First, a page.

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This wall does not need a bridge

There has been a lot of talk recently about religious freedom. As Malory Nye, University of Stirling, Scotland, wrote: "Religious freedom is a concept that receives more notice when it is violated than when it is observed."

Our religious freedom is being violated, mostly by well-meaning Christians. The First Amendment of the American Constitution allows the free exercise of religion. It is a moral and legal right for individuals to freely practice the religion of their choice. Such are our rights as long as our actions do not infringe on the rights of others.

This principle has evolved out of the experiences of the past. The State should not favor any one religion and the Church should not expect special treatment. The Church is a spiritual, not political, influence on local and national government.

The government is supported by all the people through taxation and such tax dollars are not to be used in any way to support religious projects. For example, Church tithes and offerings support church and religious projects. Tax dollars support public schools. It is clear as day. This is sometimes called the "wall of separation between church and state."

Today there is a growing attempt to circumvent this accepted practice. A few outspoken, though uninformed, people would like to turn the "wall" into a "bridge." These misguided citizens doubt the importance of keeping church and state separate.

Such voters are showing this in promoting "vouchers" for parents of children in public schools to switch to a church school. The parents then pay the church school with my tax dollars to educate their child. Giving parents vouchers to use where they like is the same as giving the money directly from the government to the church school.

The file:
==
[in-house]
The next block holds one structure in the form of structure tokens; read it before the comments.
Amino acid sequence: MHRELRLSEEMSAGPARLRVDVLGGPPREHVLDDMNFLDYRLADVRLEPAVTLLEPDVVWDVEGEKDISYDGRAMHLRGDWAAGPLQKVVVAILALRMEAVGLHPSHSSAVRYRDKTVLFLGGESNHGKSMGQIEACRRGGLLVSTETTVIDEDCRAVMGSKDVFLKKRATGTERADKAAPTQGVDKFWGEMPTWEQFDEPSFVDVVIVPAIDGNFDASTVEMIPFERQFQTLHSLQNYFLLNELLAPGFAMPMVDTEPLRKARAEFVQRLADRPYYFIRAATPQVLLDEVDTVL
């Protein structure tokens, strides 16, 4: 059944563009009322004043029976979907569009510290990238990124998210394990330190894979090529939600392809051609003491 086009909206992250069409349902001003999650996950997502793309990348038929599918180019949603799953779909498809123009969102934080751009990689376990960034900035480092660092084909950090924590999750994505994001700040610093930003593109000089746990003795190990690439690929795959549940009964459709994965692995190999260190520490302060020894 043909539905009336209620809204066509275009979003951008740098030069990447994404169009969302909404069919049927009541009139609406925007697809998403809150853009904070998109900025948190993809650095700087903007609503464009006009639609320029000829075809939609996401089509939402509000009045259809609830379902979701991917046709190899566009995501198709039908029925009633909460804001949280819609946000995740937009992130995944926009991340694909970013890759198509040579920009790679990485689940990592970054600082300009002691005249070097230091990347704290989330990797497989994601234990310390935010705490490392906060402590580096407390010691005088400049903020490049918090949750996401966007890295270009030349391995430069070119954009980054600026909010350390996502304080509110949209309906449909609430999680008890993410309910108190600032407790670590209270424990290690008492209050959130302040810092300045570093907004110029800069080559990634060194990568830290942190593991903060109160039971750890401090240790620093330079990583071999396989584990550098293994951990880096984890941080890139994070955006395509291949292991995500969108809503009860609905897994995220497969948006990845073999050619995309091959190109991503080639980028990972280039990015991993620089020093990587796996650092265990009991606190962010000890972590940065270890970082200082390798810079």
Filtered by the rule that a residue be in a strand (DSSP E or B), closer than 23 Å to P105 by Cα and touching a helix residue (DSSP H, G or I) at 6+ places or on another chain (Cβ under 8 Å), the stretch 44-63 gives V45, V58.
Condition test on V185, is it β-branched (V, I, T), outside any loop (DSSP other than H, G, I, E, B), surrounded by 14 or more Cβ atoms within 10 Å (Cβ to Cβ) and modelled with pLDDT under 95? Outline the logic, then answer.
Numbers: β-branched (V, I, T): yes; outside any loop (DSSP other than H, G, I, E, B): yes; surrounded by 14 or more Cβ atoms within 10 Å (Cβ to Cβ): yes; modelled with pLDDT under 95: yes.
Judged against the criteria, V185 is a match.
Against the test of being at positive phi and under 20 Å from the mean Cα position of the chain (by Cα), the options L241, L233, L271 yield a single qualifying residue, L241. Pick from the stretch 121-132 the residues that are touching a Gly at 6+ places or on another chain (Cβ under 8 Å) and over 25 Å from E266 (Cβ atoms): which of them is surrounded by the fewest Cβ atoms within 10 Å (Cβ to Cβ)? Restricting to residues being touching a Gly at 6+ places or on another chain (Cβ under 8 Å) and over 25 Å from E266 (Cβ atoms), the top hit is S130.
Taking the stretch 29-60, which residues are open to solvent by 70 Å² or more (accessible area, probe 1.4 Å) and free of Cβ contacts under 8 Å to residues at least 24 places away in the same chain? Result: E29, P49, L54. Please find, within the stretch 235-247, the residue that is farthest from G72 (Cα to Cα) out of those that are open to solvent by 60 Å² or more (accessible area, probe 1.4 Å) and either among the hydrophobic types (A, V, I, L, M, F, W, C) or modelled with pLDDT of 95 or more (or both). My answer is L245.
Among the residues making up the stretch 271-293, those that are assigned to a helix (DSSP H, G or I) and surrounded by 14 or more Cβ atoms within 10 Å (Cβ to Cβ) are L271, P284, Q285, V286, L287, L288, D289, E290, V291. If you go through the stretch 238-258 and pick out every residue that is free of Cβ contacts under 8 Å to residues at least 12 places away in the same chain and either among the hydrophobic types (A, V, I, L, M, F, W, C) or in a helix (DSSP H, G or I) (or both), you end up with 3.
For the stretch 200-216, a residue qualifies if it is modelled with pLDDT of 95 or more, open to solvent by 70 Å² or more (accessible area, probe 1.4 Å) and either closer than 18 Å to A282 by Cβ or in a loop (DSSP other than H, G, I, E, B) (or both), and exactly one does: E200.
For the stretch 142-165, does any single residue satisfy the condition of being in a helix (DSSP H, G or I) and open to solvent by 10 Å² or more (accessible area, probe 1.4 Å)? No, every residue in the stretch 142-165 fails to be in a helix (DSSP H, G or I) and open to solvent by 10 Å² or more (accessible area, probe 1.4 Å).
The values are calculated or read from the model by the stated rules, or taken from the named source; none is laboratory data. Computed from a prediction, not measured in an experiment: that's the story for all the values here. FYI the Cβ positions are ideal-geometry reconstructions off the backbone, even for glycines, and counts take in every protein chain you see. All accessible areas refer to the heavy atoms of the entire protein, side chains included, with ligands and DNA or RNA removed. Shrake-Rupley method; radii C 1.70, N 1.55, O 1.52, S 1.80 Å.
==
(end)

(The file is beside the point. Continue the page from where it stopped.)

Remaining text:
Texas Governor George W. Bush and his advisors are certainly among the ill-informed on this subject. He told a California political rally that if a public school fails, then stop throwing good money after bad. Taking tax monies away from public schools leads to more problems. The public schools have enough problems as it is without having their own budgets slashed because some parents and politicians want a quick fix to the problem of education. Americans tend to speed on freeways and bridges. Stop at the wall and consider the importance of the principle.

Governor Bush's brother, the governor of Florida, has already gone into action to kill the public school system there. Rather than trying to improve the public schools, his actions will bring on a lingering death to the public school system as we know it. You would think as well-educated as these Christian governors are they could figure out more creative ways to help today's children get an education.

I was amazed to read Gene Deason's column a few weeks ago that 53 percent of Brown County residents were church members and only 25 percent of them attend church regularly. I don't think the 47 percent non-church members or the 75 percent of non-attending members want their tax dollars to be used for church schools.

When informed of the true situation church members and non-church members will quickly see the value of the "wall" over the "bridge" in this instance. They will probably go along with what Jesus said so long ago: "Render to Caesar the things that are Caesar's; and to God the things that are God's." (Matthew 22:21) -- Oct. 8, 1999


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